Family tradition at the Racine County Fair runs deep for the Wilks/Henderson crew with Union Grove roots. (From left) Brady Wilks, Mia Wilks, Bennett Wilks, Madisyn Henderson, Kelsey Henderson and Kylie Wilks (Submitted Photo/The Report).

Fair tradition runs deep for Union Grove family

By Jason Arndt
Staff Writer

Although raising animals for the Racine County Fair is considered a personal endeavor, oftentimes the projects take teamwork, which is true for a multi-generational family from Union Grove.

The Wilks family, which currently has a 7,000-acre farm on Highway 11, has been in the field of agriculture since 1947 when Ray Wilks started it with his wife Mabel.

From there, in 1966, the Wilks’ children, Alvin and Norman, took over the farm and started families of their own.

The two brothers, had eight children between them, with three still involved in the family farm.

Alvin Wilks, who had four children with wife, Jean, still maintains an active role on the farm with his sons Kevin and Donald along with nephew Eric Wilks.

Kevin, whose daughter Kylie showcased animals for the final time last weekend, has two other daughters Katelyn and Kassidy with wife Kelley.

Eric and Marcia have three children, Brady, 15, Bennett, 14, and Mia, 10. They are members of Rising Stars 4-H club.

Alvin’s daughter Suzanne married Craig Henderson, had two daughters, Kelsey, 16, and Madisyn, 13, and moved to the Town of Paris in Kenosha County.

The Hendersons, however, are still involved with the Racine County Fair, since Kelsey and Madisyn are members of the Yorkville 4-H club.

Kelsey is also a member of the Union Grove FFA, which is a program at the high school entering 2018-19.

The children, who picked up several ribbons at last weekend’s fair, continued the Wilks/Henderson legacy.

Alvin, 78, has attended nearly every county fair since he was teenager, said their achievements left him proud.

“I am very proud of them. They all have worked very hard,” he said. “We have had a lot of champions over the years.”

Alvin, however, noted there is always time to relax and enjoy the county fair.

“When they get done with that, have some fun,” he added.

Family achievement
Collectively, the five children won nine different awards.

Madisyn, who showed a pig she called “Ace,” won Grand Champion Market Hog.

Kelsey beamed with pride as her younger sister captured the award on Friday.

“One of my proudest moments was probably yesterday when we won grand champion overall pig,” Kelsey said on Saturday. “That was very exciting for our family.”

The excitement continued for Madisyn when she won reserve grand champion for her Maine-bred beef steer named “Blackjack.”

Kelsey, using Madisyn’s steer, won the showmanship category in the 14-15 age group.

“I have won beef showmanship in the past three years and then I won pig showmanship last year,” said Kelsey, who said the accolades bolstered her confidence.

“Last year, when I won showmanship, it was just a turning point and I just feel a lot more confident.”

Kelsey also showed two crossbred pigs she named “Bama” and “Karl.”

Bennett Wilks, who had a crossbred pig named “Big Boy,” earned ribbons for a champion Simmental steer called “Grinder” and champion market breeding heifer named “Ruby.”

Kylie Wilks, 19, rounded out the victories with reserve champion Charolais for her steer named “Winston” and a champion beef crossbreed dubbed “Mo.”

Last hurrah
Kylie’s two wins were bittersweet, considering this was the last year she could showcase animals in the ring, where she admits getting teary-eyed.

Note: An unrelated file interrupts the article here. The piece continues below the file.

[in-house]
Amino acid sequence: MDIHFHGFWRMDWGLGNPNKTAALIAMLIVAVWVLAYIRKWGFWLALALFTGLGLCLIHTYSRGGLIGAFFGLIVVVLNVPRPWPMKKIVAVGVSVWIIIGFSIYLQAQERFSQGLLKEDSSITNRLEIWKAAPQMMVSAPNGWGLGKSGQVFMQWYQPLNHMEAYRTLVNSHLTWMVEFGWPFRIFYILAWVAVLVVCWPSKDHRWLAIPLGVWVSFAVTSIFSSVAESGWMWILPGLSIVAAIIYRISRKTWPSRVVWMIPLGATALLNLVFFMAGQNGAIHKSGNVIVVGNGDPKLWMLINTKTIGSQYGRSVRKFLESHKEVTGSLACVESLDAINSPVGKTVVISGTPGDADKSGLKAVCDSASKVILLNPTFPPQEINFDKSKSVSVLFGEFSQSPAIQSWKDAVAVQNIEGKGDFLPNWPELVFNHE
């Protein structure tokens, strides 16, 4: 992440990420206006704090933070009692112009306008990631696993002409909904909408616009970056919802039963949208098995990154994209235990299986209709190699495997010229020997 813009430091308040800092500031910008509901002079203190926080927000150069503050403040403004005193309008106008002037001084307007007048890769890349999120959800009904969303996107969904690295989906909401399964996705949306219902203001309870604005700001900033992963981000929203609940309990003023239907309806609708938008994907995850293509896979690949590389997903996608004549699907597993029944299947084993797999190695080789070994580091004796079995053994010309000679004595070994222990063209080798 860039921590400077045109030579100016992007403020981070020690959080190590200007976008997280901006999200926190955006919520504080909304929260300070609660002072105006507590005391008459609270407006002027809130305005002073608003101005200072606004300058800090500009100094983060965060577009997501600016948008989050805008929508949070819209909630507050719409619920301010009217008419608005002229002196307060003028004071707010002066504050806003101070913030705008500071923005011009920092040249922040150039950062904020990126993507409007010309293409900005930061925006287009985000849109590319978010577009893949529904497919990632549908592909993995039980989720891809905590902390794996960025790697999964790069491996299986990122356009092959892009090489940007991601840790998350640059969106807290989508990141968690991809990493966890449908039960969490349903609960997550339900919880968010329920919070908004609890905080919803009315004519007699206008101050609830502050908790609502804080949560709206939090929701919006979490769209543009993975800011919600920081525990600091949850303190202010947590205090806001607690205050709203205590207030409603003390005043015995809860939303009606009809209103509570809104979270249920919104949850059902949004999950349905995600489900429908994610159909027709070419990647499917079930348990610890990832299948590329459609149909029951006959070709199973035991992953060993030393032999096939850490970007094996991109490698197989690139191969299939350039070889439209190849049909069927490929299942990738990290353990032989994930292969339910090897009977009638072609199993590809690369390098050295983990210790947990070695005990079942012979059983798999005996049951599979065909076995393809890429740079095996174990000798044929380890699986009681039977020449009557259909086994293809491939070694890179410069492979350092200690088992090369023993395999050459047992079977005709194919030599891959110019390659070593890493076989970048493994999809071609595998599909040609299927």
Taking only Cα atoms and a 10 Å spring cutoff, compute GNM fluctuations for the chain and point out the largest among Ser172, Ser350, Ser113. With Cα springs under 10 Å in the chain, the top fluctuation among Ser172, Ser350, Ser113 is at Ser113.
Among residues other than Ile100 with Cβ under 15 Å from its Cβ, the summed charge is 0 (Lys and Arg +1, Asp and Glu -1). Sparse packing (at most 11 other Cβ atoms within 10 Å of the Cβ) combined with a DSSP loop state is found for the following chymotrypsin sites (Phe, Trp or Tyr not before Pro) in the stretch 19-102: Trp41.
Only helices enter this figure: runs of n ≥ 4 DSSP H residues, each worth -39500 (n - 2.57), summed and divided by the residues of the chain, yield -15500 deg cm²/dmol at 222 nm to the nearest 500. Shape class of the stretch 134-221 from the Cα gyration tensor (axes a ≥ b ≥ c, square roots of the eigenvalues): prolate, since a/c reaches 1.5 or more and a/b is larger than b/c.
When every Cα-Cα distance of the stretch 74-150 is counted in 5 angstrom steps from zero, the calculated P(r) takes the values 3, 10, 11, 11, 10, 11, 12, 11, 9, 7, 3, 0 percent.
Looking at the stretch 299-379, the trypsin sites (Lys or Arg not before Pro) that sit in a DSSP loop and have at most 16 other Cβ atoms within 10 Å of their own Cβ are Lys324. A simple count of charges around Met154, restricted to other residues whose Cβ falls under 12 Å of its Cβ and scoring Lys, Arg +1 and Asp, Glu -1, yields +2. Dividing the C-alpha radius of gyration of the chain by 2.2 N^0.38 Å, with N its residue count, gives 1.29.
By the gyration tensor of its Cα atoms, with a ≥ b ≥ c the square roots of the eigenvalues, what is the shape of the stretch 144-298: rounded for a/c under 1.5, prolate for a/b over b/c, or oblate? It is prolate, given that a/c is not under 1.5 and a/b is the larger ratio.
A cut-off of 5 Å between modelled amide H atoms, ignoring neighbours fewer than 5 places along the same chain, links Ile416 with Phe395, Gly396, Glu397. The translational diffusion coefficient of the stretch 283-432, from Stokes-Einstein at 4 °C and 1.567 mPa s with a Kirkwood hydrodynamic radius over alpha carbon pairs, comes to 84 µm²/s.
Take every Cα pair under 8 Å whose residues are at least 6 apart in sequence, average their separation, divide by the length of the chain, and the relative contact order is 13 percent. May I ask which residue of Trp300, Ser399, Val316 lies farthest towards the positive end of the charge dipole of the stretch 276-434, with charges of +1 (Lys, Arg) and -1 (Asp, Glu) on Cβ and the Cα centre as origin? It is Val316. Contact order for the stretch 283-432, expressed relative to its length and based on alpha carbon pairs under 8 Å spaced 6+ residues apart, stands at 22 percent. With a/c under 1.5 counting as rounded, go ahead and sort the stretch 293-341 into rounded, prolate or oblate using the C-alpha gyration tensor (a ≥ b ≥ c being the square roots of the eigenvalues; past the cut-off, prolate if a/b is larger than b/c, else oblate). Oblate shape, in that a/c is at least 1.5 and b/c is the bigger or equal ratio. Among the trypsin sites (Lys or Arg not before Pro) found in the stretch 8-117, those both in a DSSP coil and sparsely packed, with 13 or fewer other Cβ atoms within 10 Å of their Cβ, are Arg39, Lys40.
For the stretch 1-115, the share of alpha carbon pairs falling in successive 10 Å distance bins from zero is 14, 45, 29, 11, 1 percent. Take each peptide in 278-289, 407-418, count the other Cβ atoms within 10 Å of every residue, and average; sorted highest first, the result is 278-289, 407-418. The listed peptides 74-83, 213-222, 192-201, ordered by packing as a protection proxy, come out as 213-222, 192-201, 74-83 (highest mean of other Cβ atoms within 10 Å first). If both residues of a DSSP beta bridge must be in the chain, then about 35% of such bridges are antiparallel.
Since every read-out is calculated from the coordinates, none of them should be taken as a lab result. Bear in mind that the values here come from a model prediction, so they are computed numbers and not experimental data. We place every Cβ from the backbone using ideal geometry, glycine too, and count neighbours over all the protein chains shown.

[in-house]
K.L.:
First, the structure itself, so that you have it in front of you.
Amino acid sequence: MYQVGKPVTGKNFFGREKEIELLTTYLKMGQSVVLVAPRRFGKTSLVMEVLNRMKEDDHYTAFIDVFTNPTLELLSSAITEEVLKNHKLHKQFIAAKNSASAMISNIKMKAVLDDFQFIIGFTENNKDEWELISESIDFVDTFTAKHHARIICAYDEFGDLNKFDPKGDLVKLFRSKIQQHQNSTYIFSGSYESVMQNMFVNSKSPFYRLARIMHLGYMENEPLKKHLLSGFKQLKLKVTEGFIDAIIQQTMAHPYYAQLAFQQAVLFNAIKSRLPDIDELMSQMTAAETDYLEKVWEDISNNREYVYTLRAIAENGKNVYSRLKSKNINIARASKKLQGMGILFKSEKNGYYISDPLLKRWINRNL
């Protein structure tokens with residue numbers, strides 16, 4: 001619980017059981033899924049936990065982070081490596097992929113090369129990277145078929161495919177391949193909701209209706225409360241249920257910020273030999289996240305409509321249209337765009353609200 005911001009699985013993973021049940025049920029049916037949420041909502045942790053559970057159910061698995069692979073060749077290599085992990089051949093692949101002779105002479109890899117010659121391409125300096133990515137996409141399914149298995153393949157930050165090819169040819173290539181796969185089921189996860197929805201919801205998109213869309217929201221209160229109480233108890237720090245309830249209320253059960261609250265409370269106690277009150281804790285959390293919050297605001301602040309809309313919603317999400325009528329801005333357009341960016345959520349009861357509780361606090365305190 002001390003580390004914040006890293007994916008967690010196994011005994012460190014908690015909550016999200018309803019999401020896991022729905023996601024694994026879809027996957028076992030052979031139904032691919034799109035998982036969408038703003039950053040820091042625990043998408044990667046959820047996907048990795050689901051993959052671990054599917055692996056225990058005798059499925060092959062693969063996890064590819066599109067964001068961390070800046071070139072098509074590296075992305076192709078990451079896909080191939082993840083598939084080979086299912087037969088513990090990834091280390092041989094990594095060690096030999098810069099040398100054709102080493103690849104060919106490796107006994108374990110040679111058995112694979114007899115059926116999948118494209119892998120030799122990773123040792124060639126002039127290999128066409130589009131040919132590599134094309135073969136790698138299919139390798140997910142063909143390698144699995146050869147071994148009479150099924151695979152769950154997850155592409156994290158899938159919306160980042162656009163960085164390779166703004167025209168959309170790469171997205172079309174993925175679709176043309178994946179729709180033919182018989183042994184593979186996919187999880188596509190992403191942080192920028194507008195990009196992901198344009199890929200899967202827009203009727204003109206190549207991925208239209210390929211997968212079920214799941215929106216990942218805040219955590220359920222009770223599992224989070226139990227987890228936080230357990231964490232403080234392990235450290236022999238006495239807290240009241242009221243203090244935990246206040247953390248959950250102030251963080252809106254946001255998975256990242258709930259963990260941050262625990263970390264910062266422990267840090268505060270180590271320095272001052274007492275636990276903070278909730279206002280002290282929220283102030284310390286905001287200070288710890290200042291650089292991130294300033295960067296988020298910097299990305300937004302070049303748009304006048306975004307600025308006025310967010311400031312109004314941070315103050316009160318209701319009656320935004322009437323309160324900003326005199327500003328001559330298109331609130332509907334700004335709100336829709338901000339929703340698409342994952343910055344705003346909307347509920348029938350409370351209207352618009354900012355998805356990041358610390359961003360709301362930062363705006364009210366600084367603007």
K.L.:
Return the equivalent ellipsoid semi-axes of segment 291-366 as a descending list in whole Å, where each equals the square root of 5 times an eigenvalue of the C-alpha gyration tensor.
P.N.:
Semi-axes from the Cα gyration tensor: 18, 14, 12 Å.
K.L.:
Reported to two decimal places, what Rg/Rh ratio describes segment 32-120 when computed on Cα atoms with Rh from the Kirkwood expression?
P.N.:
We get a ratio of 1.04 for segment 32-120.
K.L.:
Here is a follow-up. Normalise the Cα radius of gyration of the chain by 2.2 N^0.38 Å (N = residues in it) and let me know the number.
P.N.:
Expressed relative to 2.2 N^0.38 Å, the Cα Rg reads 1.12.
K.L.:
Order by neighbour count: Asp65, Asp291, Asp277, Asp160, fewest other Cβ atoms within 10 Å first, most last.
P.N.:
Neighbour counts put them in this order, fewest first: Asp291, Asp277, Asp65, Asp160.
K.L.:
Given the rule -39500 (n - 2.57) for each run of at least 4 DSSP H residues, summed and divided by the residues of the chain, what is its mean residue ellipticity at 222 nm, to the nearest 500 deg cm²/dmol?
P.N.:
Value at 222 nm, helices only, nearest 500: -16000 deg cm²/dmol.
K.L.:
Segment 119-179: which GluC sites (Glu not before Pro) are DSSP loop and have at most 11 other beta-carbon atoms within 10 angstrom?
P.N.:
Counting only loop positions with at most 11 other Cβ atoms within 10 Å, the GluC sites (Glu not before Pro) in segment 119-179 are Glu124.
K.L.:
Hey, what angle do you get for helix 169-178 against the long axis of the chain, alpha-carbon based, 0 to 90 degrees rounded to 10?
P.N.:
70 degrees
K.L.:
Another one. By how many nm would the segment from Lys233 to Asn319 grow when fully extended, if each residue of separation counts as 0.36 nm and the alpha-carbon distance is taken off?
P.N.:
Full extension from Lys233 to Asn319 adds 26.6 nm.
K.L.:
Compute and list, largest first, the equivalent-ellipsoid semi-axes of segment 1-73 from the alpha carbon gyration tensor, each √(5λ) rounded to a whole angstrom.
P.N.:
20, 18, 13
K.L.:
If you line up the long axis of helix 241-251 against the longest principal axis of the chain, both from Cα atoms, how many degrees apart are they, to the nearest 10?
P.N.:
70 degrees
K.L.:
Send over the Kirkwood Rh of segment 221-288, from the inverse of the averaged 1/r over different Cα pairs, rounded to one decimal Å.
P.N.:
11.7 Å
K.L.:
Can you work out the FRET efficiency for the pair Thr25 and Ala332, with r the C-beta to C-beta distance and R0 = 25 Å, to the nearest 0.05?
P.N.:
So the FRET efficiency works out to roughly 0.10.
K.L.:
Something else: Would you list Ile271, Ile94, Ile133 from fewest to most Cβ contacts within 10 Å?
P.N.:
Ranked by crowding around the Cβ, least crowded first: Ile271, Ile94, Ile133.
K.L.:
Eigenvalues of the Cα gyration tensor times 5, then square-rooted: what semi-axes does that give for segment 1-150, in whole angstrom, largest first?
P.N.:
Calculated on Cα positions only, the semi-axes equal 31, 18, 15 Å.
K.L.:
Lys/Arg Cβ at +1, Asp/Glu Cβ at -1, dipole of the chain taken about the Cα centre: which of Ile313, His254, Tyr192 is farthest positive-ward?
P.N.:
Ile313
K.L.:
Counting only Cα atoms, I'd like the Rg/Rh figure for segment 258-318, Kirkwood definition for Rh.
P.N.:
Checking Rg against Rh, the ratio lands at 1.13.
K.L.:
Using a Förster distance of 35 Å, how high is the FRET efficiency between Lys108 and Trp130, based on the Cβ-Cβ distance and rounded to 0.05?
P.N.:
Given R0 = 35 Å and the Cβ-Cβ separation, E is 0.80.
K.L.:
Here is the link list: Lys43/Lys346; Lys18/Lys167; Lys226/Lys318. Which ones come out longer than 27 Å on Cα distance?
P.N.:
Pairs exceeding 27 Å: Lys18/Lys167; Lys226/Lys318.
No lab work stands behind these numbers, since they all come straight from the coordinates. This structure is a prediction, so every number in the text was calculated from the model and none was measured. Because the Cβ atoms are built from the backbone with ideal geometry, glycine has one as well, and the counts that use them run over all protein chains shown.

“It is really sad. A lot of tears have been shed the last couple of days, especially when I walked out in that ring,” she said. “This really became a big part of my life.”

Preparing for the Racine County Fair brought Kylie and her father closer together.

“Every day, we are in the barn, it is kind of our thing to do,” she said.

Her success, meanwhile, would not have been possible without the help of her family.

Kylie, who plays Division 1 women’s volleyball at the University of Wisconsin-Milwaukee, made frequent trips back home to prepare her animals for the fair.

“Even though I am up at school, I still have to come back every day to take care of my animals,” she said.

Sometimes, when she was unable to make the trip, her family stepped in to help.

The family contributions come as no surprise to Kevin.

“Say Brady has a basketball game at night, which he does, and somebody else helps with the chores that night, or if Kylie has a volleyball game, somebody has to do chores,” Kevin said.

“It takes a whole family to make it happen because there is so much work that goes into it,” he said.

The collective effort, according to Brady, strengthens family bonds.

“I think stuff like this really brings together our family, working in the barn, because when you are in the barn it is about being part of a team,” said Brady, who showed two crossbred pigs dubbed “Bob” and “Billy.”

Staying humble
The Racine County Fair experiences have taught the children to win with grace, Kevin said.

“We all love to win, but we all can’t win,” Kevin said. “They are humbled when they win, which is nice, and gracious. Both are good qualities to have.”

Additionally, they have also learned to show gratitude, especially towards their parents and grandparents.

“We all want to thank our parents for everything they have done for us,” Kylie said. “These are truly family projects.”

“We wouldn’t be here without our parents and grandparents,” Kelsey said. “They have always taught us to be vocal, work hard, and just be yourself and do the best that you can.”

Norm’s other children are Becky (Robert) DeMuth, Kelly (Tiffany) Wilks and Linnet (James) Henningfeld, while Karen is Alvin’s fourth child.

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